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Mo Williams, NBA champ, to join Jackson State as head basketball coach

by Ezekiel J. Walker
NBA Champ Mo Williams to join Jackson State as head basketball coach
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Alabama State University said Wednesday that a national search would begin immediately to find a new men’s head basketball coach after it was announced that Coach Mo Williams has resigned after two years with the program and will be joining Jackson State instead. During Williams’ stint with the Hornets, ASU went 13-35 with a 12-24 record in the Southwestern Athletic Conference (SWAC).

Mo Williams has to have more than 13 wins at JSU.

WLBT in Jackson, Mississippi reported that Jackson native Mo Williams is set to become the head coach of the Jackson State University men’s basketball program.

Williams played 14 seasons in the NBA and in 2016, he and one of the best basketball players of all time, LeBron James, won an NBA championship with the Cleveland Cavaliers. Williams would retire the following year. In 2018, his coaching career began as an assistant under Mark Gottfried at Cal State Northridge.

The news comes amid reports that current JSU coach Wayne Brent is expected to retire at the end of the 2021-22 season, per Clarion Ledger. Williams joins former football royalty and GOAT, Coach Deion Sanders on the roster at Jackson State, where he’s led a winning program since 2020.

jackson state university deion sanders

Jackson State head football coach Deion Sanders, center, holds the Orange Blossom Classic trophy after winning an NCAA college football game over Florida A&M, Sunday, Sept. 5, 2021, in Miami Gardens, Fla. (AP Photo/Jim Rassol)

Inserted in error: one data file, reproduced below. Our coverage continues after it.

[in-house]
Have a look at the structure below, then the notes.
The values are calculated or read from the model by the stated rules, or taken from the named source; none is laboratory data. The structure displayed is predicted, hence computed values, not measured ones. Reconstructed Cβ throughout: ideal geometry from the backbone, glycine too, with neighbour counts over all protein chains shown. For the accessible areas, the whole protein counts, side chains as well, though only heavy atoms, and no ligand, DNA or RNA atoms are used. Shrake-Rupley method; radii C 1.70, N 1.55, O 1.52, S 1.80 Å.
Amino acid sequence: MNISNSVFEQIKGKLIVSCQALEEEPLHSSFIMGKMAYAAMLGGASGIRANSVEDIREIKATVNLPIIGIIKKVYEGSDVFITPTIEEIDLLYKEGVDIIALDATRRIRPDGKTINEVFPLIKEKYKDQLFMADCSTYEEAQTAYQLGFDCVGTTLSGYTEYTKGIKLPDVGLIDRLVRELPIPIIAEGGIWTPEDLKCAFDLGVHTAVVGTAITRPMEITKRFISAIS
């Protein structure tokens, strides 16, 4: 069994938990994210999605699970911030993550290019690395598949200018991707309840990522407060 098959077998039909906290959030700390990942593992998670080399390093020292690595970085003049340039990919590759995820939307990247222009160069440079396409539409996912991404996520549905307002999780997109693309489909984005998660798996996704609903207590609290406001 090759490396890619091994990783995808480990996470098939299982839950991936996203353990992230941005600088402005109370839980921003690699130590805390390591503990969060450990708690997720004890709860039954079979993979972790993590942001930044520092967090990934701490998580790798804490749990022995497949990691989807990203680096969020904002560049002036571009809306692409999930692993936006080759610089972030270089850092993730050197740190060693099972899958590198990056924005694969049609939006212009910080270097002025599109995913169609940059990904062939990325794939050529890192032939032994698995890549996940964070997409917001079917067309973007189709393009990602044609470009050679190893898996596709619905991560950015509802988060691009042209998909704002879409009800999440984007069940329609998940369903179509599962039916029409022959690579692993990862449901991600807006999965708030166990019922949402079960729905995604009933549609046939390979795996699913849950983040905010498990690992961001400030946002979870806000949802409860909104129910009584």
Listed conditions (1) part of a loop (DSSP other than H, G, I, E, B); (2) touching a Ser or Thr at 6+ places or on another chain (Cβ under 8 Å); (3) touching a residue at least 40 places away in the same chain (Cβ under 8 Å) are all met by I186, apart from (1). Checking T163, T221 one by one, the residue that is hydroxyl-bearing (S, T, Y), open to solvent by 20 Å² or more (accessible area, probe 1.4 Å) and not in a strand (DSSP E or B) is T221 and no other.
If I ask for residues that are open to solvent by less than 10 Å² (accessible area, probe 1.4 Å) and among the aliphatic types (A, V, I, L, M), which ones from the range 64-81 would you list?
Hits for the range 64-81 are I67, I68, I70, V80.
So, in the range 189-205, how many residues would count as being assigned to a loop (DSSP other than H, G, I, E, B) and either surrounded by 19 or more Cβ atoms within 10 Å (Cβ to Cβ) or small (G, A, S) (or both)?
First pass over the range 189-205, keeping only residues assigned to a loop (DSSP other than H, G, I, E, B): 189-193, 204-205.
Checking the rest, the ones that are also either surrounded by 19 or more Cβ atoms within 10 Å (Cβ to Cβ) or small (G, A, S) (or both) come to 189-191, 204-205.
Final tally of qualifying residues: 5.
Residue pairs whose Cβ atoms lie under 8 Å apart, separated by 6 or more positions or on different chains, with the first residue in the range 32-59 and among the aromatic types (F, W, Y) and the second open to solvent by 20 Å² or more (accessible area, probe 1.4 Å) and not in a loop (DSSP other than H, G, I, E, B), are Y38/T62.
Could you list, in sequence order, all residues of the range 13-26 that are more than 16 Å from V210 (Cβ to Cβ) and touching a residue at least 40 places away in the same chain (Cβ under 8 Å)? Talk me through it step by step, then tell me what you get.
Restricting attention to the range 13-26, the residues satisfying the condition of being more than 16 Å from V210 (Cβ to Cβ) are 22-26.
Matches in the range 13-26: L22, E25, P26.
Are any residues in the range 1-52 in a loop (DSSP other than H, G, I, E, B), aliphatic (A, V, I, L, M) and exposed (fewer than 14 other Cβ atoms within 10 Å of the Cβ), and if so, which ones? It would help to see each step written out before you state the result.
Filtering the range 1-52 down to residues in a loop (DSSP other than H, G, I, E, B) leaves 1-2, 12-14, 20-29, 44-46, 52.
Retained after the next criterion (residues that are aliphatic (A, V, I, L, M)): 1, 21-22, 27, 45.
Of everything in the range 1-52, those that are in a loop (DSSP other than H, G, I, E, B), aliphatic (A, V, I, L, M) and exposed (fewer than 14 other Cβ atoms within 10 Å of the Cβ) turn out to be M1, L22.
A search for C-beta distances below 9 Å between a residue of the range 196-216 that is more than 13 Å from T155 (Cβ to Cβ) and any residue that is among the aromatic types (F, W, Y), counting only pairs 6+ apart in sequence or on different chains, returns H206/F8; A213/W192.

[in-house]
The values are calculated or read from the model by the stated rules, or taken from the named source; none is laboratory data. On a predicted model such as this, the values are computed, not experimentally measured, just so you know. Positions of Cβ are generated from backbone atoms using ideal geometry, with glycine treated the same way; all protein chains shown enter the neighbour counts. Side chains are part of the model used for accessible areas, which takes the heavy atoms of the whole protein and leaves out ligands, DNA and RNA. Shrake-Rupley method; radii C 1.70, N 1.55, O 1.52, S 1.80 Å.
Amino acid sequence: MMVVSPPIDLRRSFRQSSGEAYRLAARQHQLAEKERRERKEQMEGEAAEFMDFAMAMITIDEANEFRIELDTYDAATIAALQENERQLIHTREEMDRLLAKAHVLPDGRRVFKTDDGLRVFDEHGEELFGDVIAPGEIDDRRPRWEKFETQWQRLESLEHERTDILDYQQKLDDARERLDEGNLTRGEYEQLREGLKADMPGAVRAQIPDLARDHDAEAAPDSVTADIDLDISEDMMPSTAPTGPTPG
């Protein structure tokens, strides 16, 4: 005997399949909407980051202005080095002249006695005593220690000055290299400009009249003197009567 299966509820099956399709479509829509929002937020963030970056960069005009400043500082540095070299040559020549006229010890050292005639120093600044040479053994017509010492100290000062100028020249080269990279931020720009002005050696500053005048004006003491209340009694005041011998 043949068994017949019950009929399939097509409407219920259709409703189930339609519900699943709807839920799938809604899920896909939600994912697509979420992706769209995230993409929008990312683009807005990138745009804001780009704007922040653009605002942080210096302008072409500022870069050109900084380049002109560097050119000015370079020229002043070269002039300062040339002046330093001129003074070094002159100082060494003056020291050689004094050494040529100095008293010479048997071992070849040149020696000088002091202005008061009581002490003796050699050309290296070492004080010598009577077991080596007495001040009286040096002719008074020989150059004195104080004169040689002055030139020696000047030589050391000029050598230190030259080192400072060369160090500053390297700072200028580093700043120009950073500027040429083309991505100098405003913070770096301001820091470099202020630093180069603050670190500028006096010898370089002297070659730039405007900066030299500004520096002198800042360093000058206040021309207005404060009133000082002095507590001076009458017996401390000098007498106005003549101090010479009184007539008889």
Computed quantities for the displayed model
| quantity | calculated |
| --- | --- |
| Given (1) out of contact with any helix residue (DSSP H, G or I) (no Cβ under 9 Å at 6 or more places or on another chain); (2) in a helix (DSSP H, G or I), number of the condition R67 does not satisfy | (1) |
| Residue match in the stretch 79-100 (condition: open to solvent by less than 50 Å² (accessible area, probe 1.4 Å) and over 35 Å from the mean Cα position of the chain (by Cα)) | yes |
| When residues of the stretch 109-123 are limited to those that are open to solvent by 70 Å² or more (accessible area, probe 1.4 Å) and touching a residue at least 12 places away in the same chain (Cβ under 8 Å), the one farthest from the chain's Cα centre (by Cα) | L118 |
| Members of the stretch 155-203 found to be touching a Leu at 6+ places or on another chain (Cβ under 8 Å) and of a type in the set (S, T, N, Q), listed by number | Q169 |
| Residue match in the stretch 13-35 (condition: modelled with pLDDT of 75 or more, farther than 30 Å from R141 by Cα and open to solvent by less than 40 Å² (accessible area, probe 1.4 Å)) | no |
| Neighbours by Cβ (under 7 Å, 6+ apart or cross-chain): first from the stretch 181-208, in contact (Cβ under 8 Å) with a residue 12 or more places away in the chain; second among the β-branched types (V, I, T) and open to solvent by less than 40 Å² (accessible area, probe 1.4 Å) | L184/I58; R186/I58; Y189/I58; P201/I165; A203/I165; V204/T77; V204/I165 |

Jackson State gains even more talent

HBCUs are becoming more recognizable and offered platforms that were once only hoped for. Deion Sanders entering JSU and coaching even amid brutal medical setbacks undoubtedly motivated Mo Williams to enter the program. Williams states the attention garnered for HBCUs has been amazing to see activated in a tangible way.

When speaking about this year’s NBA All-Star Game, Williams told the Grio:

“Everything’s about exposure. Being that the All-Star Game is putting an emphasis on HBCUs, it gives us exposure, and it helps in a lot of different areas, a lot of different ways, a lot of different schools… And, you know, the exposure we’re getting this weekend from the NBA All-Star Game, it only can help.”

With an increasing amount of ex-pro’s entering HBCUs, the landscape of college athletics is changing for the better.

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